2022 Hyundai Santa Cruz
Feels More Like a Low Slung Sports Car Than Any Pickup Truck We’ve Ever Driven
One of the complaints we hear most from viewers is that no one builds small, affordable pickup trucks anymore. Well, that was then and this is now. Ford has stepped up with the fun and frugal maverick, and Hyundai with this snazzier Santa Cruz. Two big brands, two somewhat different approaches. So, let’s see if the Santa Cruz has enough metal to get weekend jobs done.
You can say one thing about the 2022 Hyundai Santa Cruz; it certainly is unique, looking less like a pickup truck and more like a Tucson crossover with a stylish bed on the back. Which is more or less what it is. Much like Honda did with the Pilot to create the mid-size Ridgeline, the most successful crossover pickup to date, Hyundai has taken their compact Tucson utility and exchanged the cargo hold for a 4-foot open bed.
With that bed, overall length is 13.4-inches greater than Tucson; as the Santa Cruz is available as a Crew Cab only. Also similar to Ridgeline, the Santa Cruz is highly comfortable and easy to drive; along with being very quiet at highway speeds. It also has a few tricks up its sleeve to get the most out of its small bed; like lockable underfloor storage and a lockable integrated Tonneau cover. Plus, corner bumper steps and more storage space under the rear seat.
Plenty of power, too. Standard is a 191-horsepower naturally-aspirated 2.5-liter I4; while our tester featured the optional turbo version of that 2.5-liter, outputting 281-horsepower and 311 lb-ft. of torque. Both engines get an 8-speed transmission, but the base unit is a traditional automatic, while the turbo gets a dual-clutch with paddle shifters. Comprehensive drive modes shape the driving experience, with Smart mode presenting a good compromise by smoothing out the turbo’s abruptness, yet delivering the goods when you call for them.
Most small crossovers are not known for their great visibility, and the thick C-pillars that blend into the bed, means relying on your mirrors for lane changes. Everything inside mostly comes straight from the Tucson. So, there are lots of smart looking flat screens and touch panels, as well as durable, but also upscale-looking materials for a premium environment, especially compared to its Ford Maverick rival. Thankfully, even in top Limited trim, it keeps a traditional shifter, instead of using Hyundai’s latest push-buttons. The 10-inch touchscreen is an upgrade over the standard 8-inch one. It did show signs of the surface being easy to scratch, while Hyundai’s infotainment system still ranks as one of the best.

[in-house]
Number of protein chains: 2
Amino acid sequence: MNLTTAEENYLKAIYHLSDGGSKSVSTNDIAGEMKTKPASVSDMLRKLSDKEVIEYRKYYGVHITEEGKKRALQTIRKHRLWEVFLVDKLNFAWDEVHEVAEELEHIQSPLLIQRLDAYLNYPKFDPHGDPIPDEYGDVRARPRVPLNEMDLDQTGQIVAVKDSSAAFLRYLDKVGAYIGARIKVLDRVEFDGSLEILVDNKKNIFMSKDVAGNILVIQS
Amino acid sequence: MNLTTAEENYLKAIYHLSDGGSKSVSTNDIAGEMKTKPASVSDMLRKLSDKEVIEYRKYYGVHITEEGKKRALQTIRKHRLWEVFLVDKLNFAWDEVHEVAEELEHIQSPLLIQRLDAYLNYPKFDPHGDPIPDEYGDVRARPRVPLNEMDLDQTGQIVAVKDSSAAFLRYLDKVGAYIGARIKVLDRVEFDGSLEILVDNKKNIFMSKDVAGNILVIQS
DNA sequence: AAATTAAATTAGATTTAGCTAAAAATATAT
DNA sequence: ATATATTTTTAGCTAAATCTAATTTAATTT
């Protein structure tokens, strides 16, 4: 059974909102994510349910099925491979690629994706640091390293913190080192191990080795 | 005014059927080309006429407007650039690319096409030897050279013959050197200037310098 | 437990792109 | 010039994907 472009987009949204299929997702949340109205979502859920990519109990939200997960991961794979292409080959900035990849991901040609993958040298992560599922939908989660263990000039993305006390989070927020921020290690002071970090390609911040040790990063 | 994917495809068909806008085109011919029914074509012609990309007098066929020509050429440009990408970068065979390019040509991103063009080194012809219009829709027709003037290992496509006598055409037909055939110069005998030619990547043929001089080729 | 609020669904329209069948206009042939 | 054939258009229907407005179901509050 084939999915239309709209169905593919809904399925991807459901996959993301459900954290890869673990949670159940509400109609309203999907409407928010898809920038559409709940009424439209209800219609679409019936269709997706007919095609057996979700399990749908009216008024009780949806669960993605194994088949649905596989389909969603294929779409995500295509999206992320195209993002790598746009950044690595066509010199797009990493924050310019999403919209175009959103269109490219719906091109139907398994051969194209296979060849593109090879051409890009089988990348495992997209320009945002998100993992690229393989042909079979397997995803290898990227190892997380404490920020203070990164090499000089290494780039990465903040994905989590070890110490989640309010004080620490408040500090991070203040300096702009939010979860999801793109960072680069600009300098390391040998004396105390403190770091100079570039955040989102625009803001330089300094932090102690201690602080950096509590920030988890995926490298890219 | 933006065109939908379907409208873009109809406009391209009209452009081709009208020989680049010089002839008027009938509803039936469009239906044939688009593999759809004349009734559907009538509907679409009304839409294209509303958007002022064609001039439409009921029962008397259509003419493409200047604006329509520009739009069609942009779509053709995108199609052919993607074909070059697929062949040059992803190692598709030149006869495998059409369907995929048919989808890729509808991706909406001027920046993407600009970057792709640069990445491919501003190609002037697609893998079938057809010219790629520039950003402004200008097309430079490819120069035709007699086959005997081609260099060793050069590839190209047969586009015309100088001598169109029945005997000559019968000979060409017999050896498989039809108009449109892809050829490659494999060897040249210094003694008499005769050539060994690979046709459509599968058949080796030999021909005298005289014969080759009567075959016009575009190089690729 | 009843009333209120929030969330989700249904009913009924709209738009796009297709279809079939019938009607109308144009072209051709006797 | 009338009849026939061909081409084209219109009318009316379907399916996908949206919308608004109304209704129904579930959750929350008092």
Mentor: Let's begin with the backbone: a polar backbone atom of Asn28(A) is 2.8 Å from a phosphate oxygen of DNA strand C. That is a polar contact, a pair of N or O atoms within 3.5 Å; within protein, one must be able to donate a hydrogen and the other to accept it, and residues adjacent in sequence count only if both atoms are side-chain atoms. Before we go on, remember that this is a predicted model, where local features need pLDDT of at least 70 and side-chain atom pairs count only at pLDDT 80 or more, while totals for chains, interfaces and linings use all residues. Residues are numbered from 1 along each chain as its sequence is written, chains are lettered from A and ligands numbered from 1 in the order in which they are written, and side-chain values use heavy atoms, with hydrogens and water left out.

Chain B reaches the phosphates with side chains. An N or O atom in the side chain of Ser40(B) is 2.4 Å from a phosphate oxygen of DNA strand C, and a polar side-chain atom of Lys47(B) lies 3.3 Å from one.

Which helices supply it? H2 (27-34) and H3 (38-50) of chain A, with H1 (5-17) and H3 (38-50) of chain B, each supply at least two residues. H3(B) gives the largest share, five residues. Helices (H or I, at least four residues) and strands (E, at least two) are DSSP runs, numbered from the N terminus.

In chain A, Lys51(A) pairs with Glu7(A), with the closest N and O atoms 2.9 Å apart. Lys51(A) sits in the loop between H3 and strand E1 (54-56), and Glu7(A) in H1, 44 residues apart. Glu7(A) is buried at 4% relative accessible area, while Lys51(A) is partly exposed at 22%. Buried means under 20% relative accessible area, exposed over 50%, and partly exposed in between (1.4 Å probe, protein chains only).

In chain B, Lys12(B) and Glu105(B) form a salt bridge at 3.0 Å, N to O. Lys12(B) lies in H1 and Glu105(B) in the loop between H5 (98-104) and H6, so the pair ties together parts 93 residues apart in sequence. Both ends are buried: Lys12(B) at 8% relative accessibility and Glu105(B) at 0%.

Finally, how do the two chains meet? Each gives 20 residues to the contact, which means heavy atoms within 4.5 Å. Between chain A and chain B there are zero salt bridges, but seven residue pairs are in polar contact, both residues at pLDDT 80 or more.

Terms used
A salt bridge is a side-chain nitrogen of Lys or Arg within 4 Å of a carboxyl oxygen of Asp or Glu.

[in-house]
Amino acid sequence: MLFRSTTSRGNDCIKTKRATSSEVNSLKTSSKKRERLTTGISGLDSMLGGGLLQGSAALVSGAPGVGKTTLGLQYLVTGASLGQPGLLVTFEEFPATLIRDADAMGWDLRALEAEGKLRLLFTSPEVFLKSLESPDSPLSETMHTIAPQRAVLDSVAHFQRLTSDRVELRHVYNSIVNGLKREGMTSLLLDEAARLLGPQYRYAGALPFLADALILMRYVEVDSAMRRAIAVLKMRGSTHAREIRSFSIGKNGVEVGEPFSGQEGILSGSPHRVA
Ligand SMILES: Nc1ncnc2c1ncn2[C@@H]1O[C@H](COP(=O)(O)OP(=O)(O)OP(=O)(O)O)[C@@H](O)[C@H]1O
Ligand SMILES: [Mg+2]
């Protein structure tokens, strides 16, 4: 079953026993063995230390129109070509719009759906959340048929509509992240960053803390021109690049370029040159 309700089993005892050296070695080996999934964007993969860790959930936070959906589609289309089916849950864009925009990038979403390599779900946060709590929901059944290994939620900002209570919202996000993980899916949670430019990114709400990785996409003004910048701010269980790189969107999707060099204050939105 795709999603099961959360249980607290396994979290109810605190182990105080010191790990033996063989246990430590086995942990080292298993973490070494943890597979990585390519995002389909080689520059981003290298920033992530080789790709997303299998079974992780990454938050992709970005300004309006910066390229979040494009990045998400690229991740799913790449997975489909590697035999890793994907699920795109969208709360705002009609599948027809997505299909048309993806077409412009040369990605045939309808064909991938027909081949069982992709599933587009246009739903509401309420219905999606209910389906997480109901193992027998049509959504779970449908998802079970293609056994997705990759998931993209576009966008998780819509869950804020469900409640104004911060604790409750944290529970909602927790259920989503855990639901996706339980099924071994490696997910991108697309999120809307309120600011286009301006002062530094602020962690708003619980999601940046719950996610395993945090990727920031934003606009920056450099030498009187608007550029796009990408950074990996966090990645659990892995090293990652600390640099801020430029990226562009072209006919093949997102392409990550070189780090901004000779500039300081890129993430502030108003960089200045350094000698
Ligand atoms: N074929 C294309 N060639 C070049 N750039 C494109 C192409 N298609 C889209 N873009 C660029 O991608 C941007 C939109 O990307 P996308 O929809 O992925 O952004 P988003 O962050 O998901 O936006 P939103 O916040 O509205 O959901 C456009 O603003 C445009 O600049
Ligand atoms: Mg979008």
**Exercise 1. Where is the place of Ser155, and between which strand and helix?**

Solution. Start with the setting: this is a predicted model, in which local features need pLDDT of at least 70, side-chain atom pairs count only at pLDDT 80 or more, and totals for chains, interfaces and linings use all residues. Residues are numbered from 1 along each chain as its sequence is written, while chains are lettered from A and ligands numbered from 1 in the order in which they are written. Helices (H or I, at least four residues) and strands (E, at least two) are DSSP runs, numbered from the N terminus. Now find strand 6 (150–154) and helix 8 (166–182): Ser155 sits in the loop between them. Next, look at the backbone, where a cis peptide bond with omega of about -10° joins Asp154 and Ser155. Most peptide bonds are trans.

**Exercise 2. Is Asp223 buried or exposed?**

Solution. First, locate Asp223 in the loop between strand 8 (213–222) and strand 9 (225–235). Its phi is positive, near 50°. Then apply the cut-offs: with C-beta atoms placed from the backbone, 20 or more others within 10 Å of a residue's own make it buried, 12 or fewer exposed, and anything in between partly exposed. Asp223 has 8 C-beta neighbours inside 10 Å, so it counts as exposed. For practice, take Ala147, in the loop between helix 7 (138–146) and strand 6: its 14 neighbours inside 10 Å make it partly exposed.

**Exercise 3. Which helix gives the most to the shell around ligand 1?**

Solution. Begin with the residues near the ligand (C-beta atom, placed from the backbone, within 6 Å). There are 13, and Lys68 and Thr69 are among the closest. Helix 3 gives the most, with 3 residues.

Government Fuel Economy Ratings for our tester with the turbo and all-wheel-drive are 19-City, 27-Highway, and 22-Combined; we averaged a great 24.2 miles-per-gallon of Regular. That’s an average Energy Impact Score; 15.0-barrels of yearly oil consumption, with 6.7-tons of CO2 emissions.
Now, Ford’s front-wheel drive only Maverick hybrid obviously does much better, and their optional 2.0-liter turbo does, too; but the Santa Cruz will out tow the Maverick; 5,000-lbs. versus the Maverick’s 4,000. Time to haul the testing gear to Mason Dixon Dragway for further impressions.
The Santa Cruz has a relaxed surfer vibe off the line, but catches a big wave of torque at about the 30-foot mark on the track and it’s on from there; hitting 60 in 6.0-seconds flat. Timely DCT shifts provided stable power delivery throughout the ¼ mile, ending in 14.5-seconds at 98 miles-per-hour. Sharp and smooth through the cones, feeling more like a low-slung sports car than any pickup truck we’ve ever driven. We were able to maintain a good amount of speed throughout, with only minor oversteer at the limits. The brake pedal felt stiff sometimes, virtually no resistance at others; but ultimately, with consistent fade-fee stops of just 101-feet from 60, quite effective.
The optional HTRAC all-wheel-drive system is primarily suited for getting you through bad weather. But its ability to widely distribute engine torque side-to-side as well as front-to-back also aids in handling as well as acceleration, and even performed admirably in some light off-roading.
Pricing starts at $25,215 for front-wheel drive, with $1,500 more to add-all-wheel-drive. that’s about five-grand more than the base Ford Maverick. SEL Premium and Limited come with AWD and the turbo engine standard; with top Limited starting at $40,945.
And just like that, we went from having no compact pickup trucks in the market, to having 2 able ones to choose from. The 2022 Hyundai Santa Cruz and the Ford Maverick clearly have different vibes, but offer much the same thing: a small, easy to drive adventure vehicle equipped to equally get you through your daily grind as well as weekend excursions. The Santa Cruz just happens to look a lot funkier while doing it.
- Engine: 2.5L I4 Turbo
- Horsepower: 191 | 281
- Torque: 311 lb-ft
- 0-60 mph: 6.0 seconds
- 1/4 Mile: 14.5 seconds at 98 mph
- EPA: 19 City / 27 Highway / 22 Combined